Drivers of species richness and community integrity of small forest patches in an agricultural landscape

Krista Takkis, Tiiu Kull, Tiit Hallikma, Piia Jaksi, Karin Kaljund, Karin Kauer, Thea Kull, Olavi Kurina, Mart Külvik, Kaire Lanno, Malle Leht, Jaan Liira, Indrek Melts, Hannes Pehlak, Janar Raet, Kaarel Sammet, Kalev Sepp, Ülo Väli & Lauri Laanisto

Studied forest patches within the agricultural landscape in northeast Estonia.
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Increased rainfall and nitrogen alter colonization and extinction during postgrazing steppe succession

Authors: Hong-Wei Yu & Wei-Ming He

Photos of the field experiment, northeastern Inner Mongolia, China: (a) Rainfall collectors and irrigation pipes at the beginning of the experiment, and (b) watered and fertilized experimental plots. Photo credit: Wei-Ming He.

Steppes are among the most important grassland types, and a high proportion of steppes have suffered from overgrazing.…

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Book review: Metacommunity Ecology by Leibold & Chase (2018) – linking biogeography with community ecology

The post provided by Borja Jiménez-Alfaro

Travelling with the family may also be a good time to read this book. Here in the Camargue Biosphere Reserve (France), a biogeographical hub for ecological communities in Europe. Photo credit: Borja Jiménez-Alfaro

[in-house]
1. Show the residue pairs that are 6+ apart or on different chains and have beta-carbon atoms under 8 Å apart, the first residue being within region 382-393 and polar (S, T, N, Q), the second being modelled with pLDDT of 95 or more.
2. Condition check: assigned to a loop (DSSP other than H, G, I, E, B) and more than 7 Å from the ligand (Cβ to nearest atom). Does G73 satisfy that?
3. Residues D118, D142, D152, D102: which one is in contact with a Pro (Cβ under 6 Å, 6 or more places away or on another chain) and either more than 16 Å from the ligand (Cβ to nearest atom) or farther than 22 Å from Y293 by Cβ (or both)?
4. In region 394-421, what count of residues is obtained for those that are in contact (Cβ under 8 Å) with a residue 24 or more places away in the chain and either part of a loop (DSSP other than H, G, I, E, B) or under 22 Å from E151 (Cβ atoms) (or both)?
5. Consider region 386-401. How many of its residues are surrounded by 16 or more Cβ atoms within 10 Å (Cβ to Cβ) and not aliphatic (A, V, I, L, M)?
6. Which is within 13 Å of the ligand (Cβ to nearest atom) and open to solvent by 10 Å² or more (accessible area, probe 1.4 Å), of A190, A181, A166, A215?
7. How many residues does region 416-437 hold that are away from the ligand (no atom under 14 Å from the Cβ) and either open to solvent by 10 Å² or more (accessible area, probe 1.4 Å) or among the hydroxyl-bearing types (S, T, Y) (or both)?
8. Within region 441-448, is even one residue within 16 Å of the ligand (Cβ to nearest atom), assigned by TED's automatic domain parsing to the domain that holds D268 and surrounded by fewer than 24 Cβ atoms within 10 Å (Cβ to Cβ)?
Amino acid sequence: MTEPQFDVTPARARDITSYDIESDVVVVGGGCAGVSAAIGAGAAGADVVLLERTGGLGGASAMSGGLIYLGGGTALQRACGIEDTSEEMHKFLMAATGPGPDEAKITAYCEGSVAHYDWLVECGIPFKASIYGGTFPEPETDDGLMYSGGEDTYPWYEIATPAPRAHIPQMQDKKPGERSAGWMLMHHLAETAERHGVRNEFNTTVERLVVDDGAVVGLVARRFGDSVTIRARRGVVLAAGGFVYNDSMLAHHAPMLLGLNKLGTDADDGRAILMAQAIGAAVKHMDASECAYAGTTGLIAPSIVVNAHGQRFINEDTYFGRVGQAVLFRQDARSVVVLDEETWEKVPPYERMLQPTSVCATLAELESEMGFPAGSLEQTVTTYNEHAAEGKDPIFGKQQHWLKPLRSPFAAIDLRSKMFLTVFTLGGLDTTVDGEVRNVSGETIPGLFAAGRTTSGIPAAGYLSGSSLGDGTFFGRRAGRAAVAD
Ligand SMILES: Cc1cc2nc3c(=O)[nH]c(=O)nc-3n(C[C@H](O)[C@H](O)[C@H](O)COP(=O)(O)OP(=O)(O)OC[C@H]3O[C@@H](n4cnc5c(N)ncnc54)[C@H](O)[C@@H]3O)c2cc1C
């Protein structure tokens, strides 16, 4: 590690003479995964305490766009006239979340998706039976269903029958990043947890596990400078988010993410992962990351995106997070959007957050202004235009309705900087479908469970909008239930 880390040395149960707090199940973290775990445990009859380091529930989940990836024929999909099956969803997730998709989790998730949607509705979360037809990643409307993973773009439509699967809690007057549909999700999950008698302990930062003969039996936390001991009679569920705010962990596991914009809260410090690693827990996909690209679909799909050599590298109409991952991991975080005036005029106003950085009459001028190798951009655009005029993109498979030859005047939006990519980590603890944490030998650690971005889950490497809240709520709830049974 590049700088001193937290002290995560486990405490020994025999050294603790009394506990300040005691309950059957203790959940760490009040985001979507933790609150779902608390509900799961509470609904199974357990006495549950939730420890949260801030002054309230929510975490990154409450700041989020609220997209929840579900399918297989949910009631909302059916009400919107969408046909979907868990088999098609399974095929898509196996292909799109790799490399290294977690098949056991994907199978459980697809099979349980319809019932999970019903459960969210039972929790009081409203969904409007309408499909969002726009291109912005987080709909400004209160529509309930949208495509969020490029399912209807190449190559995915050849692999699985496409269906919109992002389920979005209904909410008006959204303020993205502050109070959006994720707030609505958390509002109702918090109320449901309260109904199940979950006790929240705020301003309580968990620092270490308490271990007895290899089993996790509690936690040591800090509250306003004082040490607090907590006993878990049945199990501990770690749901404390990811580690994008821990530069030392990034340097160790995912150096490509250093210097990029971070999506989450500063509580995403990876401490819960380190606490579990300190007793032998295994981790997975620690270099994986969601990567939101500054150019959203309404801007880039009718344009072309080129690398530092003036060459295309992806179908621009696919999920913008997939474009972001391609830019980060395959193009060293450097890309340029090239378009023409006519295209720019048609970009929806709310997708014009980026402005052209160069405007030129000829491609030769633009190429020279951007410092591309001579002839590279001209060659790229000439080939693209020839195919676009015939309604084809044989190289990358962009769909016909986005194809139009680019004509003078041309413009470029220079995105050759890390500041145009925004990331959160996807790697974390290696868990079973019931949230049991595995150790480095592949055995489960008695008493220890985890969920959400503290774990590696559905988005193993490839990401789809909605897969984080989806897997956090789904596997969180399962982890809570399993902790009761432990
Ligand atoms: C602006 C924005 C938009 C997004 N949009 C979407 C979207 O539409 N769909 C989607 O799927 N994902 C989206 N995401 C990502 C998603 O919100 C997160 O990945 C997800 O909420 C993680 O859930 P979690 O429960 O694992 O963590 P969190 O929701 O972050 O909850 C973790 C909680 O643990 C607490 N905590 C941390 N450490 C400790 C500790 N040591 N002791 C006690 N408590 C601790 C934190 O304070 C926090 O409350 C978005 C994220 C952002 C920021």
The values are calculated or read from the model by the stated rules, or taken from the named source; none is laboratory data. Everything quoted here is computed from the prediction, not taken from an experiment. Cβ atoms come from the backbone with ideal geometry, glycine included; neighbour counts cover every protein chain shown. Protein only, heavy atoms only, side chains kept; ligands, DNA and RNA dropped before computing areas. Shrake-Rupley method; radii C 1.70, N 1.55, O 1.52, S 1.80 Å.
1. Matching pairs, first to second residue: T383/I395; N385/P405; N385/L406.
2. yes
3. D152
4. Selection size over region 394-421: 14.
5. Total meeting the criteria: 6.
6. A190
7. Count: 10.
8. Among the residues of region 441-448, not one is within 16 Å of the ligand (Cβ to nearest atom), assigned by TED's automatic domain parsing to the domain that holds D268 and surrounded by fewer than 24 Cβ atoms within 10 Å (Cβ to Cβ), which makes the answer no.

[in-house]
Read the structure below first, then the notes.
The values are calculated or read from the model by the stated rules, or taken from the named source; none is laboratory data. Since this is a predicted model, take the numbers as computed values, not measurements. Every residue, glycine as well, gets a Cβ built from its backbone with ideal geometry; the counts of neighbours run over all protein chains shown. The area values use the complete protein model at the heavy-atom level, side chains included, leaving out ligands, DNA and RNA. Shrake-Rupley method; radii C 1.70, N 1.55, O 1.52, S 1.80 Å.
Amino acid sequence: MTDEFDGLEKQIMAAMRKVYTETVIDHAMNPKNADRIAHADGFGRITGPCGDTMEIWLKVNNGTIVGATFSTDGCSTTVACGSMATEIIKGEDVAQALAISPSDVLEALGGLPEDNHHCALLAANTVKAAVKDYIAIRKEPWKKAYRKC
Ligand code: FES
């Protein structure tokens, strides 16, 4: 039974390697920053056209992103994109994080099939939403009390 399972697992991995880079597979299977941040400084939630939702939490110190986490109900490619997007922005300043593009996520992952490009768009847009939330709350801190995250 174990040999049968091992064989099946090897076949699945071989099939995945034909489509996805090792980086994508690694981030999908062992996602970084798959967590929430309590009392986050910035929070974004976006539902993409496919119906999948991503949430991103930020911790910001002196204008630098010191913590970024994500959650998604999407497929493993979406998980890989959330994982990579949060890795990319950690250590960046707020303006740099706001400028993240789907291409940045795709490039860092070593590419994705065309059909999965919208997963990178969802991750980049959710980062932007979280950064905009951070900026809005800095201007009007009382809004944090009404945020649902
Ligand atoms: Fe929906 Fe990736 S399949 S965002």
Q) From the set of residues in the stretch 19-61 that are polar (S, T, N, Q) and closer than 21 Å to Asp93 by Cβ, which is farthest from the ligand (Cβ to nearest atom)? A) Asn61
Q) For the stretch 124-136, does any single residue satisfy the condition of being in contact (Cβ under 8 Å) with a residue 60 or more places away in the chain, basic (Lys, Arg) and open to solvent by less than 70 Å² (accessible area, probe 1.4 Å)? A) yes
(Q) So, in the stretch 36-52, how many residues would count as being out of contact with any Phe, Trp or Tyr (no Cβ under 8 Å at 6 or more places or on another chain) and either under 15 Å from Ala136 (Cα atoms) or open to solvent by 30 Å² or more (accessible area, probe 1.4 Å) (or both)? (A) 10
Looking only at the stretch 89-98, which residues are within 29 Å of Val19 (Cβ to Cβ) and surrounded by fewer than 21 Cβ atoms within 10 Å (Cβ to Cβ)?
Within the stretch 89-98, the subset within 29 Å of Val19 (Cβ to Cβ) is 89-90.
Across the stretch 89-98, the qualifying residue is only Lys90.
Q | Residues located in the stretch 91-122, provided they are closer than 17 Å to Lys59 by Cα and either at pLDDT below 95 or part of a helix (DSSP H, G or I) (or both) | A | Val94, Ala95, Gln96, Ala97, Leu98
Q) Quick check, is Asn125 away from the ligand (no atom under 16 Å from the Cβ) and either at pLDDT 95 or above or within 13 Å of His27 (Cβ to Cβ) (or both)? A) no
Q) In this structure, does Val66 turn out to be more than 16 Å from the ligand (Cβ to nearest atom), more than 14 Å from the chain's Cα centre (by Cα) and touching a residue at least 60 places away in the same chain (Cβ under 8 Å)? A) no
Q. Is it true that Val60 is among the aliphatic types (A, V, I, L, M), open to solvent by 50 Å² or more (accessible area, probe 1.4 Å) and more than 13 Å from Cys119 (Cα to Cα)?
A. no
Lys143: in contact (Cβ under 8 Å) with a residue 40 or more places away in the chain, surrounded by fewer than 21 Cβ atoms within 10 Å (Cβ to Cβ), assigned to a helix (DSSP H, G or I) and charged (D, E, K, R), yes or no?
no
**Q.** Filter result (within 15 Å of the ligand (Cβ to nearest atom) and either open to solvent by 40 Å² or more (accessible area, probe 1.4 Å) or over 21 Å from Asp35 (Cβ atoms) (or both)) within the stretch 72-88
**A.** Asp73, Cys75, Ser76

In the last years, I have been looking at different views for understanding the spatial patterns of plant communities.…

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Planned Special Feature of JVS: Dispersal and establishment as drivers of vegetation dynamics and resilience

Guest editors: Péter Török, James Bullock, Borja Jiménez-Alfaro, Judit Sonkoly

Background
Plant regeneration plays a decisive role in vegetation dynamics by underpinning local and landscape-scale processes, biodiversity patterns, and community resilience to abiotic and anthropogenic disturbances. As establishment and recruitment depend greatly on spatial plant dispersal and the local propagule bank, studying their contributions to these processes is crucial.…

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Which results of the standard test for community weighted mean approach are too optimistic?

David Zelený

The relationship between the average height of understory herbs (CWM of species height) and the amount of light passing through the forest canopy (quantified by visually estimated cover of trees and shrubs at each site). If the analysis based on CWM approach was done by a standard parametric test, the result is highly significant (P<0.001). However, the result of the standard test is overly optimistic; the max test, which is the correct test for this analysis, returns considerably less exciting P-value (P=0.052).

Imagine a forest, with trees forming a canopy and herbs growing in the understory.…

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